Most recent comments
2021 in Books -- a Miscellany
Are, 2 years, 1 month
Moldejazz 2018
Camilla, 4 years, 7 months
Romjulen 2018
Camilla, 5 years, 1 month
Liveblogg nyttårsaften 2017
Tor, 6 years, 1 month
Liveblogg nyttårsaften 2016
Are, 7 years, 1 month
Bekjempelse av skadedyr II
Camilla, 1 month
Kort hår
Tor, 3 years, 1 month
Camilla, 2 years, 8 months
Melody Gardot
Camilla, 4 years, 7 months
Den årlige påske-kommentaren
Tor, 4 years, 10 months
50 book challenge
Camilla, 1 month, 3 weeks
+ 2004
+ 2005
+ 2006
+ 2007
+ 2008
+ 2009
+ 2010
+ 2011
+ 2012
+ 2013
+ 2014
+ 2015
+ 2016
+ 2017
+ 2018
+ 2019
+ 2020
+ 2021
+ 2022
+ 2023

Women and video games

I have never been a great video game enthusiast. I never got to play them when I was a kid, and I only really discovered SNES when I met Tor at 16, at which point I devoured Super-Mario and all things Zelda and Secret of Mana and Illusion of Time, and finally Chrono Trigger, but never made the transition into the real first person shooter games. It never appealed to me. I have never really seen that as a loss.

Recently, however, someone suggested that boys were better at Portal because they were more used to navigating in 3D space because girls played Sims instead. I was a little annoyed that my potential Portal prowess was questioned because of my gender (I have never played Sims for any length of time, although I must confess to a lengthy addiction to Master of Olympus); but it connected with another thing that has been buzzing around in my brain lately. Namely, this:

It is Anita Sarkeesian's newest project (remember the videos on Lego and the Bechdel test?), and it is being funded through Kickstarter.

Because it is true that video games, for some reason, was a male domain when I grew up; and there is no doubt that a large part of the industry assumes it will continue to be. Over the last few years I have been reading the occasional article on how the video game industry is slowly discovering there is a whole other gender out there. But I would like to know more about how it is actually reacting to this (whether it is by relegating the puzzle games to women and leaving all the rest for the boys, say; with a shrug saying "women simply don't like the other type of games"; or whether my prejudices are all wrong). So I think Sarkeesian's project looks very, very interesting.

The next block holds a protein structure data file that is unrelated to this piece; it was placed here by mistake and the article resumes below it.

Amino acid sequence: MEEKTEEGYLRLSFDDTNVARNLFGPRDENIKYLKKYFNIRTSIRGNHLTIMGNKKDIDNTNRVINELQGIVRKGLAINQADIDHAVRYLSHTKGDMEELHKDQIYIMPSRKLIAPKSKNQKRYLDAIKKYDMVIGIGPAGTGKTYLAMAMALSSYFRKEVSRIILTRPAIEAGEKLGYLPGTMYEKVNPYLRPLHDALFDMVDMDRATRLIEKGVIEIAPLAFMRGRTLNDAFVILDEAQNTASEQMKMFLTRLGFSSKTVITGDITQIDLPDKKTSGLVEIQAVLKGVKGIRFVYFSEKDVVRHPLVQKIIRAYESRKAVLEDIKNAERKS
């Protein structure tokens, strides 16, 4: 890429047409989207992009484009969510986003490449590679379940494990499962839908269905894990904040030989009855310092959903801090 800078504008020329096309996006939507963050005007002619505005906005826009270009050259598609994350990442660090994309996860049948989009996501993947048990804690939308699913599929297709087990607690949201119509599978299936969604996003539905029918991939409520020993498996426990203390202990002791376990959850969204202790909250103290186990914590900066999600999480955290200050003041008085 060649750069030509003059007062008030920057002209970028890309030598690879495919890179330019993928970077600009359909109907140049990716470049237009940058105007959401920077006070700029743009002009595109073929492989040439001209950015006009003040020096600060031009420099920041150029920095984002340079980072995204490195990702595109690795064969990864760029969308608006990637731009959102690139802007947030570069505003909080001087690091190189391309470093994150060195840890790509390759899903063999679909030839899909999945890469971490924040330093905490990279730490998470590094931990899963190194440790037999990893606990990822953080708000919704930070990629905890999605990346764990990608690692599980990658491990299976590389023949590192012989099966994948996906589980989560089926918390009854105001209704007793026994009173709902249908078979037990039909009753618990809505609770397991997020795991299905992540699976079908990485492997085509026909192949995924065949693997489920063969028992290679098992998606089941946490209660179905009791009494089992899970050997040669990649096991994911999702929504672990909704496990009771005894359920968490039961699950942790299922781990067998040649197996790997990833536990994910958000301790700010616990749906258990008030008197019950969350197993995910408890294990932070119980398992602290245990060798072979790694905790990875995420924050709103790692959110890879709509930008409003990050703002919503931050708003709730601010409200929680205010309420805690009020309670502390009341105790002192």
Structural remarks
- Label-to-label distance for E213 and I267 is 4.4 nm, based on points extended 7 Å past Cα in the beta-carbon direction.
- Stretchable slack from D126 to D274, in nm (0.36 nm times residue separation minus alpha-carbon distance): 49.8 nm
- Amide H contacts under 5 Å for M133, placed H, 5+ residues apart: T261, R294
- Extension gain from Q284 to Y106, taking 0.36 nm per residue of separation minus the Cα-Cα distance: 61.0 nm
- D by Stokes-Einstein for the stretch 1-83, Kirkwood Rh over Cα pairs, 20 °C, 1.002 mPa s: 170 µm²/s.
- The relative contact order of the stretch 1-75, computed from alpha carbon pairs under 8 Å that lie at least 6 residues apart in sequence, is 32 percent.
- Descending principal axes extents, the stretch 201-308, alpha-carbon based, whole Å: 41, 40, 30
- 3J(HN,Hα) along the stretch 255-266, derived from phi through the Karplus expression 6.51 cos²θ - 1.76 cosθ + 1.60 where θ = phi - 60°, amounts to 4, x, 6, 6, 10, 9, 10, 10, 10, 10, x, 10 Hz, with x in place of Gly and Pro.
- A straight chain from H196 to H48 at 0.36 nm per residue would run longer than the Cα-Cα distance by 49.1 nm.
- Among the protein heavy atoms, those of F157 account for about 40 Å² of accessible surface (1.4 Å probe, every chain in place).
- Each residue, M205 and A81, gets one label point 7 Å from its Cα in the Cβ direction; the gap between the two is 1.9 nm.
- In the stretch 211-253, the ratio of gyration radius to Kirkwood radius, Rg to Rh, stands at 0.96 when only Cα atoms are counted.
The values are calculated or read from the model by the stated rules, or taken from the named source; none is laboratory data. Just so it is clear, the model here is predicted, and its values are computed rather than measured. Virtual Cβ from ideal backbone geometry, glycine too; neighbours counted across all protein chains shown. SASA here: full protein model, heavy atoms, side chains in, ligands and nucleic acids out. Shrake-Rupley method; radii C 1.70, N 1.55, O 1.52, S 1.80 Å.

Hence my dismay, or rather my irate anger, when I realised how her Kickstarter video had been met. The most disgusting haters on the internet crawled out of their maggoty lairs and spewed the most nonsensical, dimwitted (frequently illiterate) and downright venomous misogynistic vitriol over the comments pages. And then proceeded to edit her Wikipedia page and try to get the Kickstarter project taken down for terrorism. That's right. Read all about it here and (because is down at the moment, hopefully not hacked, and I want you to have something to read in the meantime) here.

Boys may be better at Portal because they are more used to navigating 3D space in video games. I have not seen any research, but I can imagine that is probably true. But if so, there is a reason why that is true (think about it for a moment, and it may come to you; and if the female characters are not enough, have a look at this). But when a woman sets out to look at one of the reasons, she is met with a concerted, poisonous campaign of harassment by (what I can only assume to be) pubescent boys (heaven help us if these are grown men).

And I am all the more annoyed because the fact that I have not had the same training in navigating 3D spaces means that Tor is probably better at Portal than me. And if this keeps up, it will probably be true of future generations of women, too. But the point is precisely that this is not a trivial matter: real skills come with video games, and we are missing out. Anita Sarkeesian may (at the end of her research) point to some of the reasons why that is so. And for some reason these fuckmuppets find that appalling.